The coming robot dystopia, all too inhuman

July 20, 2015

The July & August 2015 issue of Foreign Affairs, published by the Council on Foreign Relations.

As robotic prosthetics enter the mainstream, they will house sensors and cloud connected software that will exceed the human body’s ability to sense, store, and process information.

The first step in what futurists such as Hans Moravec, PhD and Ray Kurzweil have dubbed “transhumanism” — a post-evolutionary transformation that will replace humans with a hybrid of man and machine. It is merely a matter of time before human-robot couplings outperform biological systems.

Artificial intelligence and machine learning might produce the “technological singularity” — computer systems that invent new tech surpassing their original human creators.

Daily life will involve interacting with machines without knowing how much another person is involved in the machine’s response. There will be no room in human-robot systems for us to treat robots one way and humans another, each style of interaction will infect the other.

Moravec sees a post-evolutionary Homo sapiens that will usher in a leisure age of comfort and prosperity. Others envision robotic vessels able to upload human consciousness. Kurzweil explains the singularity will offer people a software based immortality. […]

related reading:
Council on Foreign Relations | main
Council on Foreign Relations | YouTube channel

Council on Foreign Relations | topic: technology & science
Council on Foreign Relations | topic: defense & security
Council on Foreign Relations | topic: energy & environment

Council on Foreign Relations | talk by Ray Kurzweil: Exponentially expanding future from exponentially shrinking tech

Council on Foreign Relations: Foreign Affairs | Hi robot, what’s inside the new issue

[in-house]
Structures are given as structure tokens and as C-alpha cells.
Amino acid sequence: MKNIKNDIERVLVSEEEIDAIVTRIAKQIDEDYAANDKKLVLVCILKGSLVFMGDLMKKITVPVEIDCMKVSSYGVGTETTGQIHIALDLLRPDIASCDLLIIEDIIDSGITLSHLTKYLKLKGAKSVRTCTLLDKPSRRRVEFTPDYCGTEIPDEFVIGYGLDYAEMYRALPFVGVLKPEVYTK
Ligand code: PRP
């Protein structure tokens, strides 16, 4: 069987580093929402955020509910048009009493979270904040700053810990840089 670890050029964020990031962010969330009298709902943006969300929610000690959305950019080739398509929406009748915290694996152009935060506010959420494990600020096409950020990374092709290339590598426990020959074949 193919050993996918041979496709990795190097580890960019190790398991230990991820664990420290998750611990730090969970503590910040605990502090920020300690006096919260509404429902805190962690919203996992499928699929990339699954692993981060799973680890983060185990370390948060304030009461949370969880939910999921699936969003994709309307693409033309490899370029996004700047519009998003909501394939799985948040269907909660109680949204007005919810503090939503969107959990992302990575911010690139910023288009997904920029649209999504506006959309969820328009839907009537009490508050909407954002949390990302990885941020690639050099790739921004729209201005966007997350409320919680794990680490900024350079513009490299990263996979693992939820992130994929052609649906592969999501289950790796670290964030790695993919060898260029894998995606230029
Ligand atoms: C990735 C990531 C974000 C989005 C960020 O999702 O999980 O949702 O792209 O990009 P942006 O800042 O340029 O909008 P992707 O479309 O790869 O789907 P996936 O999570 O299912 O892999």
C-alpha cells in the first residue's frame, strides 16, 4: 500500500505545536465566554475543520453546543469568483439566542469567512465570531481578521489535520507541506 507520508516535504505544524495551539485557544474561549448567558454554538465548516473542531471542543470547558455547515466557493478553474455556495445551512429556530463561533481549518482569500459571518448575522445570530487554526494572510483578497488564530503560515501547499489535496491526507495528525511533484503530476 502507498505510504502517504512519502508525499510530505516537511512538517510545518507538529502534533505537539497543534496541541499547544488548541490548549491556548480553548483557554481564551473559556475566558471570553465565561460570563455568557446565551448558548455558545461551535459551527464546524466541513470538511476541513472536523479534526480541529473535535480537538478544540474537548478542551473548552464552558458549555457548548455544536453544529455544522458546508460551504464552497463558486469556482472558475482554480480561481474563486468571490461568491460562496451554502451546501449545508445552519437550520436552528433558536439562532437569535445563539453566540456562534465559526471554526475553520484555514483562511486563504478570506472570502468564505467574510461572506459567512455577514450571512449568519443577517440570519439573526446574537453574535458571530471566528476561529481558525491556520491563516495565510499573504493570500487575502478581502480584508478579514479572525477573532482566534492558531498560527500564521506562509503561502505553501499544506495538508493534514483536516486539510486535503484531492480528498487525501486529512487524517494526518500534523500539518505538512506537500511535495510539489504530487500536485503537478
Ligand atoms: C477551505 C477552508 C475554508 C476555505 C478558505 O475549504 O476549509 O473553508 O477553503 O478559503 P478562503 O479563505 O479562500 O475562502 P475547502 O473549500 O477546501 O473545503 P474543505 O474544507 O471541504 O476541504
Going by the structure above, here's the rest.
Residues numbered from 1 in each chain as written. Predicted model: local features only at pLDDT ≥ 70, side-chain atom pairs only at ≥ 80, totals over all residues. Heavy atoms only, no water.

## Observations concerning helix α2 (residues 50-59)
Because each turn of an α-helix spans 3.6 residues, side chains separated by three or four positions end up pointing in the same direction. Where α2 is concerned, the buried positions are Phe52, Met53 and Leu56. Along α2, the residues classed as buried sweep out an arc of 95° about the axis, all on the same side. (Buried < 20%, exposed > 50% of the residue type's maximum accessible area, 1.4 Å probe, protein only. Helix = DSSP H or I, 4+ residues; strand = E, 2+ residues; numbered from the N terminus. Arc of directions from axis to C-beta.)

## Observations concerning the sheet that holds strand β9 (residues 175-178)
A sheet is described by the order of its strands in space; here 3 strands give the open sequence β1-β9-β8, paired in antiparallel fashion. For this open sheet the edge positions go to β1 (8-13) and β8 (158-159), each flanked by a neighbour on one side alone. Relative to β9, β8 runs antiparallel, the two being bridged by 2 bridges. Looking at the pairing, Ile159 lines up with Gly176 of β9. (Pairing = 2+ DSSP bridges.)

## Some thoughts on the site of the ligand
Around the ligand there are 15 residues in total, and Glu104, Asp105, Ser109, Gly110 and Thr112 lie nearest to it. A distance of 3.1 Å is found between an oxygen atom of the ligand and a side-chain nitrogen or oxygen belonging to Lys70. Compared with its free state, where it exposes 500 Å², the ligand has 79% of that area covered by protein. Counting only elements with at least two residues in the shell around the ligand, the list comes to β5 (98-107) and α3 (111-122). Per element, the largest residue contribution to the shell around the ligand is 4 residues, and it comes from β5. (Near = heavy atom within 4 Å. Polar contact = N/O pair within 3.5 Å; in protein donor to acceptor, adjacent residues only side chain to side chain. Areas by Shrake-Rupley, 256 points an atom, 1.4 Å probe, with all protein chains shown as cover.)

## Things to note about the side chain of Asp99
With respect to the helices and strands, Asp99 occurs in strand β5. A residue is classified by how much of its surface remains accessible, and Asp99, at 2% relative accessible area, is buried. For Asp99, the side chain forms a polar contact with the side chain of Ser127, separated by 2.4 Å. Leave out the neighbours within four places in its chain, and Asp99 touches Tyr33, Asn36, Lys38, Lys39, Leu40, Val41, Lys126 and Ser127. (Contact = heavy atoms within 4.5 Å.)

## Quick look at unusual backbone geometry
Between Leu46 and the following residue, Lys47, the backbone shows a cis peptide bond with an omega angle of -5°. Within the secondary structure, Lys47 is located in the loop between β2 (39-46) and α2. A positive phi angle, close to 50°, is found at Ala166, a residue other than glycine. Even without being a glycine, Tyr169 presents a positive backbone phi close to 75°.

Council on Foreign Relations: Foreign Affairs | The Singularity Is Near by Ray Kurzweil review

Carnegie Mellon University | Hans Moravec, PhD
Wikipedia | Hans Moravec, PhD

related viewing from the Council on Foreign Relations:

Council on Foreign Relations | Joel Garreau of the Garreau Group and Michael Rogers of Practical Futurist join Hyper Vocal’s Lee Brenner to discuss the latest advances in information technology and biotechnology and their implications for public policy.

The panelists note that though government support for basic research has been crucial to the development of many advanced technologies, the proper level of governmental involvement in the regulation of those technologies is contested. They also discuss the economic challenges that are created as technology alters the demand for particular skills in labor force.

Joel Garreau, principal, The Garreau Group
Author of Radical Evolution: The Promise and Peril of Enhancing Our Minds, Our Bodies, and What It Means to Be Human

Michael Rogers, founder, Practical Futurist
Futurist-in-Residence, New York Times Company